Press "Enter" to skip to content

DMV Director faces tough hearing, investigative committee discusses subpoena possibilities

   

JFFERSON CITY, Mo. — A bipartisan committee on privacy protection formed by House Speaker Tim Jones, R-Eureka, to examine possible wrongdoing on the part of state agencies held its first series of testimony Wednesday.

The committee’s investigation stemmed from the Department of Revenue’s scanning of personal documents, which was discovered earlier this year during the legislative session.

Jackie Bemboom, Department of Motor Vehicles and Driver Licensing Director, testified before the committee about how and why her department — a division of the DOR — implemented new security procedures for licenses, which included the retention of certain digital copies of personal documents, newer photo requirements and fingerprint scanning.

A timeline of the Department of Revenue document scanning situation which appeared in The Missouri Times earlier during the legislative session. (Click to enlarge the graphic)
A timeline of the Department of Revenue document scanning situation which appeared in The Missouri Times earlier during the legislative session. (Click to enlarge the graphic)

Committee members were concerned that the reason many new security measures were added to the process — including the scanning and retaining of documents such as marriage and birth certificates — were related to the Department’s attempted implementation of the federal REAL ID Act. Missouri passed legislation in 2009 prohibiting compliance with the federal law amid cries that the requirements could allow personal information to be more easily disseminated to the federal government.

“My concern here is whether we were attempting to implement something that our legislature already said they didn’t want us to comply with,” Sheriff Michael Dixon of Osage County, committee member, said during questioning. “And the perception here, based on this evidence, is that that is what we were doing.”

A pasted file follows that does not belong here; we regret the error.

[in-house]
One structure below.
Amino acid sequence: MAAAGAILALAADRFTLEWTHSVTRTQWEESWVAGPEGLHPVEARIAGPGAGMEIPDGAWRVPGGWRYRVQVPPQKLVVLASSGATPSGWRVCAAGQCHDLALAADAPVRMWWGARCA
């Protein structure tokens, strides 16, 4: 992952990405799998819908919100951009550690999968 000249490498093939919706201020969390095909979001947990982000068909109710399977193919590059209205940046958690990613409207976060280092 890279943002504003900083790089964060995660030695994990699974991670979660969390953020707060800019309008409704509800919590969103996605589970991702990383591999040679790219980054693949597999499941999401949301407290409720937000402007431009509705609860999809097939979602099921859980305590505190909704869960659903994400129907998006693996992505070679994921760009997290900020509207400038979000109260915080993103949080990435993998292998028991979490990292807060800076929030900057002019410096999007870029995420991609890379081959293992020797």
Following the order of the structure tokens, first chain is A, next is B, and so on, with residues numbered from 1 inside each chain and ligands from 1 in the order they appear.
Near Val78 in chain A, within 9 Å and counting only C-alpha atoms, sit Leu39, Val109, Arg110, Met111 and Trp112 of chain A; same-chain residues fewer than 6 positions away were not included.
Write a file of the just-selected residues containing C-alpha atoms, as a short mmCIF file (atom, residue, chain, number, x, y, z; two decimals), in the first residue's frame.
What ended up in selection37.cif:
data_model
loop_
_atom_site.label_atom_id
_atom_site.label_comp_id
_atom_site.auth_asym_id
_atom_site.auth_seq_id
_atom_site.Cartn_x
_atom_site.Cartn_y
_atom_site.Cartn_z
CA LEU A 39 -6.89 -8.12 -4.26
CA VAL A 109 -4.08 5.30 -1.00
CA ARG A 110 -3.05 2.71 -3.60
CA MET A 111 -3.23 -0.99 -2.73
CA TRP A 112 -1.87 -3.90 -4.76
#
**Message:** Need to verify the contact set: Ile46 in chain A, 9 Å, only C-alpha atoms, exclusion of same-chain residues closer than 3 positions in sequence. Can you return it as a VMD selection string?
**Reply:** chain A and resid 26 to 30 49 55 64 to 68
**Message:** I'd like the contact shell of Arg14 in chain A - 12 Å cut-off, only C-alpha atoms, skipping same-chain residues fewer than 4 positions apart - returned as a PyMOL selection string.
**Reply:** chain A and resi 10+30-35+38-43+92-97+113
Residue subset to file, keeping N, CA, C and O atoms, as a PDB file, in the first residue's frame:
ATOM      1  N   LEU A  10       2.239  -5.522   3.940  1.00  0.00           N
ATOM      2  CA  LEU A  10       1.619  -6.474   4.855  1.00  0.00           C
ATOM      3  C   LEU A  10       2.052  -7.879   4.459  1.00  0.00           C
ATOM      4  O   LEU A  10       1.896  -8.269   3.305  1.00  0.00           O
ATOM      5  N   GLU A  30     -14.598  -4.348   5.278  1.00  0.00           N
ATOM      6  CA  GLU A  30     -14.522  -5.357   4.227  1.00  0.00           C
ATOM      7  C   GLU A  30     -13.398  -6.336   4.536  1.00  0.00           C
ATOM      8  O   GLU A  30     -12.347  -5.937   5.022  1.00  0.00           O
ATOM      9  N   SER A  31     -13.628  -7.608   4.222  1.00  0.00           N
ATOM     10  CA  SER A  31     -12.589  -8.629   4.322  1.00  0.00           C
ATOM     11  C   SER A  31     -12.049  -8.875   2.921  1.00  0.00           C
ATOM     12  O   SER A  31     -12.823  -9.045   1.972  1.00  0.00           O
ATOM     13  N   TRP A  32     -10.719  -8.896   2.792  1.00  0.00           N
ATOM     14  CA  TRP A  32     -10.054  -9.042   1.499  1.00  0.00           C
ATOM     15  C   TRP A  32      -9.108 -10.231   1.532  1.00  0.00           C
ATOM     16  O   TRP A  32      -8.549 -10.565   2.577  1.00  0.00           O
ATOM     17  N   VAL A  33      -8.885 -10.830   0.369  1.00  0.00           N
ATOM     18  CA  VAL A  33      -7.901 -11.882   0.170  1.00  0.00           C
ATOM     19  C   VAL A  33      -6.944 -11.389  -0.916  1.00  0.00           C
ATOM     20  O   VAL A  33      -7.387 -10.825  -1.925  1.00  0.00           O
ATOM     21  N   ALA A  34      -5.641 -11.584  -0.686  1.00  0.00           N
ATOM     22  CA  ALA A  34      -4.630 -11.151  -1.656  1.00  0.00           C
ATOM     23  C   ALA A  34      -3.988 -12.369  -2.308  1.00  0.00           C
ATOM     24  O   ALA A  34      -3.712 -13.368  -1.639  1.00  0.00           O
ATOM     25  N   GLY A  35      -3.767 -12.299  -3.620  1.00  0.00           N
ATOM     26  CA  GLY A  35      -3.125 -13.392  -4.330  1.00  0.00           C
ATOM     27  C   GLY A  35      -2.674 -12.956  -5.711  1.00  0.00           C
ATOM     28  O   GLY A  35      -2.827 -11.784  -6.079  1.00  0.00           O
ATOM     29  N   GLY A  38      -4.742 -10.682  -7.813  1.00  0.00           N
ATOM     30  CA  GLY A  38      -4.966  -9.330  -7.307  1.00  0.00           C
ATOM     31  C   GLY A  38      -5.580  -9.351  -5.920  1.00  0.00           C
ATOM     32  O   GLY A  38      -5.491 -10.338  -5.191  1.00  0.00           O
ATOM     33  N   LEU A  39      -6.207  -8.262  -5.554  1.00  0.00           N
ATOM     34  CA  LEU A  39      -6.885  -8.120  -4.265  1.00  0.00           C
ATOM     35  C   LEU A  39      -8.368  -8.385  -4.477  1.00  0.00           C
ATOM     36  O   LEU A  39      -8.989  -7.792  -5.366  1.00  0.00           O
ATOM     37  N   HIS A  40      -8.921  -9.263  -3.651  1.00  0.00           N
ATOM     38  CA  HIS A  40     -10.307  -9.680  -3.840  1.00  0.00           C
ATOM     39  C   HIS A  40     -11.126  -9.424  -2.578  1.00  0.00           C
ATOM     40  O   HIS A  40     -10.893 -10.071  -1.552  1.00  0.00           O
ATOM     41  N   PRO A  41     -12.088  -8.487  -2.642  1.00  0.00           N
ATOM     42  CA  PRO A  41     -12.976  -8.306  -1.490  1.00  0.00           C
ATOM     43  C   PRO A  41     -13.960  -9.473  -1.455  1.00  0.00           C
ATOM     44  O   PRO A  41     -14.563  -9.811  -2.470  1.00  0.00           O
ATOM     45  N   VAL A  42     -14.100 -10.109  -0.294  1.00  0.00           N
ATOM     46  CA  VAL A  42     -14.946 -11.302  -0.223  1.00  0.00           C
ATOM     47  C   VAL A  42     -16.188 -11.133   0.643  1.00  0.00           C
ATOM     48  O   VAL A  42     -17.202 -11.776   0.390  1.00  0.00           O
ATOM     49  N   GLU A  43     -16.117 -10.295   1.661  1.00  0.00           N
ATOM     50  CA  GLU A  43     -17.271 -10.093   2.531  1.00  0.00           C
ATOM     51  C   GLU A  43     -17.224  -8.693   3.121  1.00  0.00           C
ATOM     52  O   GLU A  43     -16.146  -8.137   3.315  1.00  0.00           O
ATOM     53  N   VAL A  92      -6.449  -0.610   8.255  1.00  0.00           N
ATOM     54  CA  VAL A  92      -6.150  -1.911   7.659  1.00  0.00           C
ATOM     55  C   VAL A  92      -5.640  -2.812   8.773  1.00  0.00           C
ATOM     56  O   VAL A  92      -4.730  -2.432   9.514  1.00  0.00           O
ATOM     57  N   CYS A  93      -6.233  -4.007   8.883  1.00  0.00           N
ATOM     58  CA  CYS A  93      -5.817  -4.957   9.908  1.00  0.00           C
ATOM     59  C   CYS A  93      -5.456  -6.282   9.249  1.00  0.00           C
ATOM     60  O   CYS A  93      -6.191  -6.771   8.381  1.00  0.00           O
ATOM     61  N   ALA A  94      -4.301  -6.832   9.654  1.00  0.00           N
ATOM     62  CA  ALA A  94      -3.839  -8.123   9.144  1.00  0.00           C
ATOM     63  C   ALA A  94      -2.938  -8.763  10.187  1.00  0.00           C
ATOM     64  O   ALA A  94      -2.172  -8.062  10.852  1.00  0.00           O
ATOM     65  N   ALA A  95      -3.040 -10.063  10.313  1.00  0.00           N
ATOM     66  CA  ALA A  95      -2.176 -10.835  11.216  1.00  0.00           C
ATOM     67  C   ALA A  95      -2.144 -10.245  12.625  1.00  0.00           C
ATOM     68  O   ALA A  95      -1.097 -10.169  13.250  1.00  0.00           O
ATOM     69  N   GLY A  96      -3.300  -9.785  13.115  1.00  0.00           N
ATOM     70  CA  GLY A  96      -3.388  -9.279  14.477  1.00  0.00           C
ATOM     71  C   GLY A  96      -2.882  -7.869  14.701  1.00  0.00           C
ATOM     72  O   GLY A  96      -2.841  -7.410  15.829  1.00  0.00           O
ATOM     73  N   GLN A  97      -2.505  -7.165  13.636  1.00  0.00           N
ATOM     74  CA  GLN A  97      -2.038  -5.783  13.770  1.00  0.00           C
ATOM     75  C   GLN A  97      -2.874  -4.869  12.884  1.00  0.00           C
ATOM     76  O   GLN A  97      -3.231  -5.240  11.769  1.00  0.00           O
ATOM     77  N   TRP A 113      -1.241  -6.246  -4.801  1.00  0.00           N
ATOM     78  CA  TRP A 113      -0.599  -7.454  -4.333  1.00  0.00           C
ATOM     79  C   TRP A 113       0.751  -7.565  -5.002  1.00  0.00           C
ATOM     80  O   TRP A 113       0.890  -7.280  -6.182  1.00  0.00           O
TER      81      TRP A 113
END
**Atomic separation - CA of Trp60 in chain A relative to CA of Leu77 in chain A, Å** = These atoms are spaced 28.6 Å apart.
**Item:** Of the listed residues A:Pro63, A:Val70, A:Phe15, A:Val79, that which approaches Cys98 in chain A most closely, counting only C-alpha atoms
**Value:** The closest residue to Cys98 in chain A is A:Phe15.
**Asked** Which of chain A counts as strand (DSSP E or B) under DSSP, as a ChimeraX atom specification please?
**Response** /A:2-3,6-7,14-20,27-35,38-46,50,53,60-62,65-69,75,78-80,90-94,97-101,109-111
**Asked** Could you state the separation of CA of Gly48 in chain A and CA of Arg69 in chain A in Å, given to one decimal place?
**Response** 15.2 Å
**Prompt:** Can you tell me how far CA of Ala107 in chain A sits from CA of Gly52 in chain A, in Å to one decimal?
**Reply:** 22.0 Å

Dixon pointed to a checklist of 39 policies that the Department of Homeland Security required states to adopt to be in full compliance with the REAL ID Act. Documents from within the DOR show that as many as 34 of the 39 requirements have been met by the state of Missouri.

Bemboom said many of the federal REAL ID requirements were similar to common sense, anti-fraud measures the state was already adopting, and that the Department “made no attempt” to comply with REAL ID after the state legislature banned it’s adoption.

“Do we have a system that is complying with REAL ID? No,” Bemboom said. “But we do have a comparable system. But comparable and compliant are two different things.”

Committee testimony grew increasingly tense as members began to disagree with Bemboom’s assessment of Missouri policy as it related to the REAL ID compliance, and several members accused her of “parsing words.”

“If you’re complying with all the elements of REAL ID, and then we make the decision not to pursue that, and you continue to comply with all those 30 something points but you call it something else, that just seems like circumvention of the legislature to me,” Rep. Scott Fitzpatrick, R-Monett, said to Bemboom during questioning.

The committee also announced it would be issuing subpoenas to several administrative officials, including former DOR director Alana Barragán-Scott and several current and former members of Gov. Jay Nixon’s staff that have worked as legislative liaisons to the DOR.

Speaker Jones issued a statement later in the evening stating that he would be announcing further steps being taken to compel testimony and production of evidence from Nixon in a conference call with reporters on Thursday, June 27.

More witnesses are scheduled to appear before the committee that same day, though Chairman Stanley Cox, R-Sedalia, said he was unsure how many of them would “grant [the committee] the courtesy” of showing up to testify.

Be sure to check back tomorrow afternoon for a story about Jones’ announcement.